The job market may be improving, but the road is still a little bumpy. According to Maryland Department of Labor, Licensing & Regulation’s Division of Workforce Development and Adult Learning, Baltimore County’s unemployment rate for the first quarter of 2014 was 6.1%, slightly lagging the national average. Of course neither local nor national figures are as high as the roughly 9.6% national average in 2009 & 2010 or as low as the national average of 4.6% in 2005 & 2006 as cited by the United States Department of Labor-Bureau of Labor Statistics.
People who have decent jobs are thinking twice about how green the grass might be on the other side and they have been hesitant to seek new opportunities. Once employees reach milestones in tenure and start accumulating benefits such as Paid Time Off (PTO), 401 K matches, Short/Long Term Disability, and Life Insurance, the cost of abandoning steady work and perks becomes quite high. Career moves require greater consideration for those who are low risk takers. When diving into the job search pool, be realistic about what it’s going to take to succeed because the old adage of “it’s easier to find a job when you have a job” isn’t necessarily so true during periods of high unemployment.
Northern Baltimore County – We’ve Come A Long Way
Plenty of Baltimoreans remember when Cockeysville was considered country and York Road was the only route to Pennsylvania. Many of those folks have retired from work, but can recount the stepped development of Northern Baltimore County by the business and residential growth they have seen over the course of their lifetime. In the span of the last 50 years, Northern Baltimore County has grown significantly. Once Interstate 83 (the Harrisburg Expressway) was built, companies that had previously inhabited space in Baltimore City spread northward and job opportunities in the area increased. Farmland was subdivided and locations such as Timonium, Cockeysville, Hunt Valley, Sparks, Monkton, Parkton, and Freeland became highly attractive areas to reside for city folks. As Cockeysville and Hunt Valley became the northern Mecca of business and industry, pioneering residents migrated to Northern Baltimore County to be closer to their work. According to Maryland Department of Business and Economic Development, there are 2.6+ million people living in the Greater Baltimore Area at present. Since competition is great, candidates need to ask themselves if they have what it takes to enter the job market and they should be prepared to persevere and get back to basics.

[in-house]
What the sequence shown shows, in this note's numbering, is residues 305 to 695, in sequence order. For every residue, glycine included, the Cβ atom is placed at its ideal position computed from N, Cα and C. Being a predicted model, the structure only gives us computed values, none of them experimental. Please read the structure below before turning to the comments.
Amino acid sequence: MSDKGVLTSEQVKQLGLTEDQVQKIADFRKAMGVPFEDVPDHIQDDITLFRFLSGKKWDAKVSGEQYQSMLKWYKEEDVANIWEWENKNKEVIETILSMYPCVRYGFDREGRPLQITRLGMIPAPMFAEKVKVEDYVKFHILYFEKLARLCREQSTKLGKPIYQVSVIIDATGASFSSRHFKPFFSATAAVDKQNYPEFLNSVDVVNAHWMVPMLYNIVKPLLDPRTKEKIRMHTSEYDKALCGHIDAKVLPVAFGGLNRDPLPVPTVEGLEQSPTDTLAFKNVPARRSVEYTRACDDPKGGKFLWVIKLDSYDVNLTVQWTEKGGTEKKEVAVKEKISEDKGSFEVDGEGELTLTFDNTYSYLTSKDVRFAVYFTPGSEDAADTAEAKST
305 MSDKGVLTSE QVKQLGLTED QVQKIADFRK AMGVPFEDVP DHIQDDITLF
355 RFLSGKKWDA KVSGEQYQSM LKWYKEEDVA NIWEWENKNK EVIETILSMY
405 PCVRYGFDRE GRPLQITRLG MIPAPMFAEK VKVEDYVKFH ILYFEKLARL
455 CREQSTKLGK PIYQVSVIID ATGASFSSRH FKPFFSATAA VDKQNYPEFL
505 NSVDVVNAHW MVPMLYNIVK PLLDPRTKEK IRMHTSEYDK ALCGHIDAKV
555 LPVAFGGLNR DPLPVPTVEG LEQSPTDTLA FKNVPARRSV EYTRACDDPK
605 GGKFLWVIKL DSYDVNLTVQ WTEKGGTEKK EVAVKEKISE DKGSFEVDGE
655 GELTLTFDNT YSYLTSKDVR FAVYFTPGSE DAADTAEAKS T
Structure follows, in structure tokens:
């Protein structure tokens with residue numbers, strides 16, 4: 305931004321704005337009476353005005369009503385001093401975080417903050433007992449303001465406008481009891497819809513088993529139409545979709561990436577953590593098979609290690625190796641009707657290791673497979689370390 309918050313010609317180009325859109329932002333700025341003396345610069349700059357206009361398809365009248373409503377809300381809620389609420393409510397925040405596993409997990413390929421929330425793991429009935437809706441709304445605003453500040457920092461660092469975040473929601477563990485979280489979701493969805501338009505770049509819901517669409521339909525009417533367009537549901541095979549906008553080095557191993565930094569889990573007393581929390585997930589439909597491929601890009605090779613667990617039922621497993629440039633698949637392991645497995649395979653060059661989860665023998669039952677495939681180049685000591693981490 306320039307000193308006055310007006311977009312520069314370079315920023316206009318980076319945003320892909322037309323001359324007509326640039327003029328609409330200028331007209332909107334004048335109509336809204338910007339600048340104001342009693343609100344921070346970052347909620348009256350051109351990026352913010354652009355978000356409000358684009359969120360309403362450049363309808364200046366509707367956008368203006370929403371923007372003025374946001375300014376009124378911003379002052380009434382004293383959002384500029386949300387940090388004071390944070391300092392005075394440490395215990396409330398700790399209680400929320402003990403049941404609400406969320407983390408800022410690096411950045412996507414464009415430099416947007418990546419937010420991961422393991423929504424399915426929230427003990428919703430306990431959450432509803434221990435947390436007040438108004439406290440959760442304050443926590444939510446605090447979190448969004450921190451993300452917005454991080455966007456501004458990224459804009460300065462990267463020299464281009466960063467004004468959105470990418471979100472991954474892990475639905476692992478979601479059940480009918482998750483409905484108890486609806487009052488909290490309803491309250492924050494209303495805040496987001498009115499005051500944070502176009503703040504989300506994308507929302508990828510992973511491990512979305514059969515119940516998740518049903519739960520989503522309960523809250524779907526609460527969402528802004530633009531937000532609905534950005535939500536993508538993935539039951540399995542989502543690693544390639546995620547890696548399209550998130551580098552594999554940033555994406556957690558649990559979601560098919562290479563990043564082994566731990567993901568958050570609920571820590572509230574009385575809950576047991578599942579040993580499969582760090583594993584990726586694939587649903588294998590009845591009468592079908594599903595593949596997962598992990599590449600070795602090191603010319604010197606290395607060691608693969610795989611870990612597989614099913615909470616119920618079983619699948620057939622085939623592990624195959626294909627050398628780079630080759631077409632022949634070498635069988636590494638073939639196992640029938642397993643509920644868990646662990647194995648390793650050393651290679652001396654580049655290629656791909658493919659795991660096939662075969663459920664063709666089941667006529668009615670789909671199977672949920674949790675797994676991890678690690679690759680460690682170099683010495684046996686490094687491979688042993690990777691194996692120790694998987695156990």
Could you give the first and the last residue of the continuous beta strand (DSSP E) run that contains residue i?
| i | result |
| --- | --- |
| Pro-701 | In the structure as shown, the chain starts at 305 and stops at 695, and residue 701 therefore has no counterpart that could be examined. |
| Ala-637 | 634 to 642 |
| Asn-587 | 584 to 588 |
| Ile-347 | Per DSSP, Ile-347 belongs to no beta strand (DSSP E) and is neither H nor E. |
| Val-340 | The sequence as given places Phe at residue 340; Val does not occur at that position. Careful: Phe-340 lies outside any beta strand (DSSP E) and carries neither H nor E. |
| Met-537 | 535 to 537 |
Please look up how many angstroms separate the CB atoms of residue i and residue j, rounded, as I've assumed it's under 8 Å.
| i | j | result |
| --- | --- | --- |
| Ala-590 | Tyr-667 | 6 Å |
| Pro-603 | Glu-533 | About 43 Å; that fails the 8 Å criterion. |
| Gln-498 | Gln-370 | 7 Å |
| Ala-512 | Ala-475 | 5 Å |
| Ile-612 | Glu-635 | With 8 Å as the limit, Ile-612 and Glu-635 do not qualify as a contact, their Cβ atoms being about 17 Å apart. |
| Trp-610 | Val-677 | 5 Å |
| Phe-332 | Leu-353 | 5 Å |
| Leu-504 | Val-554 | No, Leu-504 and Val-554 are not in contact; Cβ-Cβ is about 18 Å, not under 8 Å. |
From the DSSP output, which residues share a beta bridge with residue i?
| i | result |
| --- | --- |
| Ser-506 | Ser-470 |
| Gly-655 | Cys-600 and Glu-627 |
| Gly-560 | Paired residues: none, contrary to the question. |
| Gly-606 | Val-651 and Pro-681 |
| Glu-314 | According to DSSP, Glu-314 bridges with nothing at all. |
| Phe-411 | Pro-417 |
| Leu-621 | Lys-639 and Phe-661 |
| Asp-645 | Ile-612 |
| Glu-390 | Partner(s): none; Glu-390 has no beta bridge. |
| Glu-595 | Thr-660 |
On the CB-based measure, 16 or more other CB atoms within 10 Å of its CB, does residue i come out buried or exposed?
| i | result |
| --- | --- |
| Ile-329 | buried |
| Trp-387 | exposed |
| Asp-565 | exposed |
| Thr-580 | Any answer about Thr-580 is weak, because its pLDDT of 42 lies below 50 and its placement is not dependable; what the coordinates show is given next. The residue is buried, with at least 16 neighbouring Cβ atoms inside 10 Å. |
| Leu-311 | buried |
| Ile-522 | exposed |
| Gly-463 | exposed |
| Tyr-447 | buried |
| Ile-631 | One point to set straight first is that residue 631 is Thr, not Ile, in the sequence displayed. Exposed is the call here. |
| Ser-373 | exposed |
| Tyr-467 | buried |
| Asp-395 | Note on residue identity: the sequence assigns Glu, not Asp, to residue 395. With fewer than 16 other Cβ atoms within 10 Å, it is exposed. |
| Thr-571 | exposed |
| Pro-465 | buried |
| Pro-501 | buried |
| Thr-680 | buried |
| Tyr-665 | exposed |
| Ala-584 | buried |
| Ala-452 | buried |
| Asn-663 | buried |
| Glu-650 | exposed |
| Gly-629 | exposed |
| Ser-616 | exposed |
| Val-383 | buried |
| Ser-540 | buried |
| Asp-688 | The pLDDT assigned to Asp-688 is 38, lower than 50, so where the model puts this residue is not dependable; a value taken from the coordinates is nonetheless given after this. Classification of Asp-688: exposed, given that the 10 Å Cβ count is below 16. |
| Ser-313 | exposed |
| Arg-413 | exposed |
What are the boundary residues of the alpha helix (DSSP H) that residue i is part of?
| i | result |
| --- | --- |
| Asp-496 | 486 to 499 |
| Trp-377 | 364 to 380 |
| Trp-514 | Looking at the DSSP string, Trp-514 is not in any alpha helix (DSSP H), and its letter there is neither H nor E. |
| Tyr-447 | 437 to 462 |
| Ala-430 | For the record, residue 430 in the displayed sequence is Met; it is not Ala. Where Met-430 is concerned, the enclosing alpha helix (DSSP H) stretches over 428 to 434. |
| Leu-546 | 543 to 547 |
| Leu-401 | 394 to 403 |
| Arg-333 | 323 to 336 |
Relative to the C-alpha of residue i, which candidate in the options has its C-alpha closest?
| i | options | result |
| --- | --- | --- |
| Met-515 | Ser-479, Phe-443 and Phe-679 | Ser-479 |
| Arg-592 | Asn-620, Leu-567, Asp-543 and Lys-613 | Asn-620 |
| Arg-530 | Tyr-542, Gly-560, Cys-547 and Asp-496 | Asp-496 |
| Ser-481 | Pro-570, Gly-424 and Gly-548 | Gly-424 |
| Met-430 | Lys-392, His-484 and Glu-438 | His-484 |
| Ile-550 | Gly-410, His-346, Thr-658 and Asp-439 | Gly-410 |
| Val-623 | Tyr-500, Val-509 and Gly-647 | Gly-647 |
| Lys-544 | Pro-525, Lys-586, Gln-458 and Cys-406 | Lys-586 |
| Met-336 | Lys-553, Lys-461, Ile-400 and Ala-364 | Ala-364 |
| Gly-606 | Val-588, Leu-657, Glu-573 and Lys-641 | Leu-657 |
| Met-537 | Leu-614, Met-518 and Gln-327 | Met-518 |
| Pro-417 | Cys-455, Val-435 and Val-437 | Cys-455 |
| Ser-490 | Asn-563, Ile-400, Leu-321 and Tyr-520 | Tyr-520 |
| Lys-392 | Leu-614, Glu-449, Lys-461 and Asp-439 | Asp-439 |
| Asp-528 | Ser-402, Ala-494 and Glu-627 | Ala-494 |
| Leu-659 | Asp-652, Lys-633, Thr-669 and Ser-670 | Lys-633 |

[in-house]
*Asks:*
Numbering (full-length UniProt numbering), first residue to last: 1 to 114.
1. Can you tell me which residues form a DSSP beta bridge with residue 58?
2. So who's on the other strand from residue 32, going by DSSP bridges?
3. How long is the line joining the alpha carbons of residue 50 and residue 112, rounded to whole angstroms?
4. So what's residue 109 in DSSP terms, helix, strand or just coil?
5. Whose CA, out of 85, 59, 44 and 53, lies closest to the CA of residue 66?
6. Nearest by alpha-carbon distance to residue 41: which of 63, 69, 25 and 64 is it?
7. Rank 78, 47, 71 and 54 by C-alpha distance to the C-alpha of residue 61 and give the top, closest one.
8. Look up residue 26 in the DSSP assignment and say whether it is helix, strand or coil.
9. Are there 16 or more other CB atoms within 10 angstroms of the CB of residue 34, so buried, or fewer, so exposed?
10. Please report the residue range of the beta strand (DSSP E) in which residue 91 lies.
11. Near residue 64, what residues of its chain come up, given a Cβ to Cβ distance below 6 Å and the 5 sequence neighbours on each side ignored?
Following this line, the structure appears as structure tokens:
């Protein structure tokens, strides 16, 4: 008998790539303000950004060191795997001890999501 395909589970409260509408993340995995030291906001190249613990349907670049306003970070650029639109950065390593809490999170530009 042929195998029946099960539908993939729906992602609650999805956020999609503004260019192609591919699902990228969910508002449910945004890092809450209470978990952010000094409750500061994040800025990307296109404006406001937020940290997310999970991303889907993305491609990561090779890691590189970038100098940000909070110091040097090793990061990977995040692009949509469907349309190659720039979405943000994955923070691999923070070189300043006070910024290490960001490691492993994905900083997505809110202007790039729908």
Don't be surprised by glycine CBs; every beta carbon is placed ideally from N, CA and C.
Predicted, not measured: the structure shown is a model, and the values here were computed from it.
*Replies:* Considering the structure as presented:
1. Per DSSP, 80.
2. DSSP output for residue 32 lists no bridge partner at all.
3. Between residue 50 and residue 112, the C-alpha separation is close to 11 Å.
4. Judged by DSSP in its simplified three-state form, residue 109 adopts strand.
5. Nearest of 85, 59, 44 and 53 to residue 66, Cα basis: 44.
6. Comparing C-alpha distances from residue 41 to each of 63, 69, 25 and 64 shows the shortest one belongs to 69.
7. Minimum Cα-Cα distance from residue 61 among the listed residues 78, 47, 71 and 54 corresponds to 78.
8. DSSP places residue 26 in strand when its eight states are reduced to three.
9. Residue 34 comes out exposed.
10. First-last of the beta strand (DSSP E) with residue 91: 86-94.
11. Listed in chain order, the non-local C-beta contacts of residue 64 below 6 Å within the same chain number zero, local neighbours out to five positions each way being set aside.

In keeping with the past few years, finding job opportunities remains a numbers game. It may take time and energy, but it can be done. People who are successful are those who make full time jobs of their searches. While everyone would like to find a dream job with great pay and benefits, not everyone will be that fortunate, especially now. Rent needs to be paid and bills pile up. There is no shame in finding a job to provide housing for the family and put food on the table. Passions can be found outside of work in social or physical activities, hobbies, or within the arts.
Northern Baltimore County is full of job opportunities as it is the home of large companies such as Procter & Gamble, McCormick, AAI, Becton Dickinson, and thousands of mid-size and small companies including health care facilities, restaurants, and retail stores. Whether in need of full-time, part-time, or seasonal employment, the search for a job can be fruitful for those willing to make a concerted effort.